Lawmakers disclose conflicts of interest, but vote anyway

Posted: Sunday, May 13, 2007

A funny thing happened to Rep. Kevin Meyer, R-Anchorage, one day on the floor of the House of Representatives. The subject of taxing the oil industry came up during discussion of a program that taxes the oil industry for spill response and prevention.

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"I was hoping to avoid the discussion of oil taxes," said Meyer, one of the most influential members of the House - and an employee of ConocoPhillips Co., one of the largest oil company taxpayers in Alaska.

"But since it has come up, I would like to put it on the record that I have a conflict of interest and be excused from voting."

What happened next was predictable. It happens regularly in the Alaska Legislature - and in no other legislature in the country.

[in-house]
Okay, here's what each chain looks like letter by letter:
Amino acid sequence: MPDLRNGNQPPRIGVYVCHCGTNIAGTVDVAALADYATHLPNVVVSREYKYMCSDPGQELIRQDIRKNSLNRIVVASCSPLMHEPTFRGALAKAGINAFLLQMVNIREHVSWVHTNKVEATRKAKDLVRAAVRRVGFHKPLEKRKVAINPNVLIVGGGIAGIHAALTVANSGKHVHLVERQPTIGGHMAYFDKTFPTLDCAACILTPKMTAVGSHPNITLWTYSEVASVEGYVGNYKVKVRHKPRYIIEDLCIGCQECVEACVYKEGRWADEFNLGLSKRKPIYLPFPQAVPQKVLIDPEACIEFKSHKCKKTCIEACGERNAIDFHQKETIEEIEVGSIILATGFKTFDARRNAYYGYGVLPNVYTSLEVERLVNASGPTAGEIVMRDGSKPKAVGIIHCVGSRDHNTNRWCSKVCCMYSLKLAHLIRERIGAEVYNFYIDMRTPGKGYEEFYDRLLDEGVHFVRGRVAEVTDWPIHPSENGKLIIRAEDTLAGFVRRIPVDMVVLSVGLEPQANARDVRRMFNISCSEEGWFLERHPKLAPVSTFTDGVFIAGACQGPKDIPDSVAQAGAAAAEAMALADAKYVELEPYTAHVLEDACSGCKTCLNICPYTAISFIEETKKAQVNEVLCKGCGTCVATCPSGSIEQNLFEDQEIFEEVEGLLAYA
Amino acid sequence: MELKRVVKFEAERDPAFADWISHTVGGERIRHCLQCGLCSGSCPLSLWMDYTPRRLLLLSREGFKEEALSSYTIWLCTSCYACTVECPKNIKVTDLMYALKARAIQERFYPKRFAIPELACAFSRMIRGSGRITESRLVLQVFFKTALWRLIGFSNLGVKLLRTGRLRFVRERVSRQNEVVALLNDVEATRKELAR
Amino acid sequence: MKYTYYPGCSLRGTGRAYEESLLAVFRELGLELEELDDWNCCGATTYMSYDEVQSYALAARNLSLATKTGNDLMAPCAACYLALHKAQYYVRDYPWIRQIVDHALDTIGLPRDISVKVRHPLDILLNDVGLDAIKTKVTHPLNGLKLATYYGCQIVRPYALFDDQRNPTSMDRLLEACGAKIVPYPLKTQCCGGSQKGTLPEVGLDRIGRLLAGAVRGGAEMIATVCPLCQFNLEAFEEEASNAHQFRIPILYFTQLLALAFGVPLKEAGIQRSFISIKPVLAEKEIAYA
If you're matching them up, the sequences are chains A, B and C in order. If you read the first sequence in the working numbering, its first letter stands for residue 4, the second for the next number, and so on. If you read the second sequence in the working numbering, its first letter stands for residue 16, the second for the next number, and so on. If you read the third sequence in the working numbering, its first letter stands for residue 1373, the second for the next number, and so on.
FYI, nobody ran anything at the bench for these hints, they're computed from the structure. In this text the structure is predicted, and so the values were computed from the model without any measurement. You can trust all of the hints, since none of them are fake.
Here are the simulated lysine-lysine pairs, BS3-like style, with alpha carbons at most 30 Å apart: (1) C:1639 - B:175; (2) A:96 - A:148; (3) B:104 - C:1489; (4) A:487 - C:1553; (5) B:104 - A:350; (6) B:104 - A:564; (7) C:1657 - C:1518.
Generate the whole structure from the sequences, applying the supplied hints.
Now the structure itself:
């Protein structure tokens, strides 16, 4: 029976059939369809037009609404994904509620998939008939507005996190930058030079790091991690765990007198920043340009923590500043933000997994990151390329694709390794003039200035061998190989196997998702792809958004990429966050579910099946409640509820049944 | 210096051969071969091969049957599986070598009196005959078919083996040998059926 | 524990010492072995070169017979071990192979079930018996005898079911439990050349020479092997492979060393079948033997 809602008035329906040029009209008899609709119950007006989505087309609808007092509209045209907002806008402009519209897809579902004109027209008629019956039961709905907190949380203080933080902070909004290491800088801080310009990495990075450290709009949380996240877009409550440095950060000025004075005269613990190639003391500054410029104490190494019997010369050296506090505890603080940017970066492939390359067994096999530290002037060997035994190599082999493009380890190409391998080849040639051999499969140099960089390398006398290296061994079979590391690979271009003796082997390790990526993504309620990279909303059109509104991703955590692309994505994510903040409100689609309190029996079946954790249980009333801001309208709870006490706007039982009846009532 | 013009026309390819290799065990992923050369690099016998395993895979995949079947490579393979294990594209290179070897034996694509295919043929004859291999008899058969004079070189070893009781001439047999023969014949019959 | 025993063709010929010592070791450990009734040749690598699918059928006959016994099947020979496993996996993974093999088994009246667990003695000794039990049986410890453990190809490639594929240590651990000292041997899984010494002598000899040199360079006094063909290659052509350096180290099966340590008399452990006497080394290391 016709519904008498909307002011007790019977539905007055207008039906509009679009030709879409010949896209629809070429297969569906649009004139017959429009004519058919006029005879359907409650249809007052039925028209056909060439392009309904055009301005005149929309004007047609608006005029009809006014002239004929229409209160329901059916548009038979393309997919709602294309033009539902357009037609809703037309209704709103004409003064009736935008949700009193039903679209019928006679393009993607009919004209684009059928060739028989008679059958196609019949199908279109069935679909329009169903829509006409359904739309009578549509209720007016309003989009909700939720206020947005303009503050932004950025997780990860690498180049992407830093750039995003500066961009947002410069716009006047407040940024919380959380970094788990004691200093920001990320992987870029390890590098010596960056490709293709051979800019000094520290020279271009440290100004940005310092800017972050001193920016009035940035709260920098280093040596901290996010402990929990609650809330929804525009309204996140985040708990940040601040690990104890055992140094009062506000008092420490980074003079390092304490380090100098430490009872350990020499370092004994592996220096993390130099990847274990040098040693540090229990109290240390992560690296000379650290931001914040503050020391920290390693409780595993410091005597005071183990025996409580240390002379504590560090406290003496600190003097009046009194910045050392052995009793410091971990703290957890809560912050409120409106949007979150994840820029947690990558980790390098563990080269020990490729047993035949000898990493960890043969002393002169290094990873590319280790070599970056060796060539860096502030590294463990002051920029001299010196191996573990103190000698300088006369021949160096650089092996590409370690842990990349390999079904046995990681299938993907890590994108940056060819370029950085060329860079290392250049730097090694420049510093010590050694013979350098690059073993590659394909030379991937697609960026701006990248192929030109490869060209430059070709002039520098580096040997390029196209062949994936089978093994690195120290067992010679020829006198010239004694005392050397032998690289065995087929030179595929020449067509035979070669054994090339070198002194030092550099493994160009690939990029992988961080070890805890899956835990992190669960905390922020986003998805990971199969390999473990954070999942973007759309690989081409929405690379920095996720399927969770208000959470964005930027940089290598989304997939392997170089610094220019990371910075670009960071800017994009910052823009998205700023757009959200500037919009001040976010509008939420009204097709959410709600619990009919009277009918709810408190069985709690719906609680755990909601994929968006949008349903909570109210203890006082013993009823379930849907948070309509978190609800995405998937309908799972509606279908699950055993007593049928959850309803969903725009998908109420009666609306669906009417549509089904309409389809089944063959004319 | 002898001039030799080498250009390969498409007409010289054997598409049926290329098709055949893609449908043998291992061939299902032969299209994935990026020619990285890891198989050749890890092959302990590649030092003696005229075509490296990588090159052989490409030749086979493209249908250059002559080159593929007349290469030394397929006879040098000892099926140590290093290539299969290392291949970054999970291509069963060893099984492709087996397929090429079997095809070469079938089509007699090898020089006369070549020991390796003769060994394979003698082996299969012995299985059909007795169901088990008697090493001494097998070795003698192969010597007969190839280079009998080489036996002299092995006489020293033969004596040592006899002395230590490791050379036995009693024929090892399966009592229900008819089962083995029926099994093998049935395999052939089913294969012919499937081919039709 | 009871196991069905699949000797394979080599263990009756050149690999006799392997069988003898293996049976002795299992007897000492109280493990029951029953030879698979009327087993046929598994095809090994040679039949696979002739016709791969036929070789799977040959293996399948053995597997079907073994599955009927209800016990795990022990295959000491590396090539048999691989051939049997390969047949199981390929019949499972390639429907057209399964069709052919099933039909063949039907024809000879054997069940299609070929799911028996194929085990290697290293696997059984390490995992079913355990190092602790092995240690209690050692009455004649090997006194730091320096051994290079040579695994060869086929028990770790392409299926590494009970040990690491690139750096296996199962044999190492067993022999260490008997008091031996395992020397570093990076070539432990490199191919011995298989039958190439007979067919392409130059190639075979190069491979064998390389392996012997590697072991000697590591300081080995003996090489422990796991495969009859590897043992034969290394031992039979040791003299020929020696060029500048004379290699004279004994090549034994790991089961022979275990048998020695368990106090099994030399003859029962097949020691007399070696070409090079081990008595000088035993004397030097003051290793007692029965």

Other representatives objected to Meyer's being excused, and House Speaker John Harris, R-Valdez, told Meyer he wouldn't be excused from the discussion and the vote.

"I think you are going to have to talk about it, and vote," Harris said.

That's standard operating procedure in the Alaska Legislature. Conflict of interest isn't just tolerated. In some cases it is required.

Alaska's "citizen legislators" have numerous conflicts of interest, and few checks on using their power as elected officials to benefit themselves or their employers.

Web links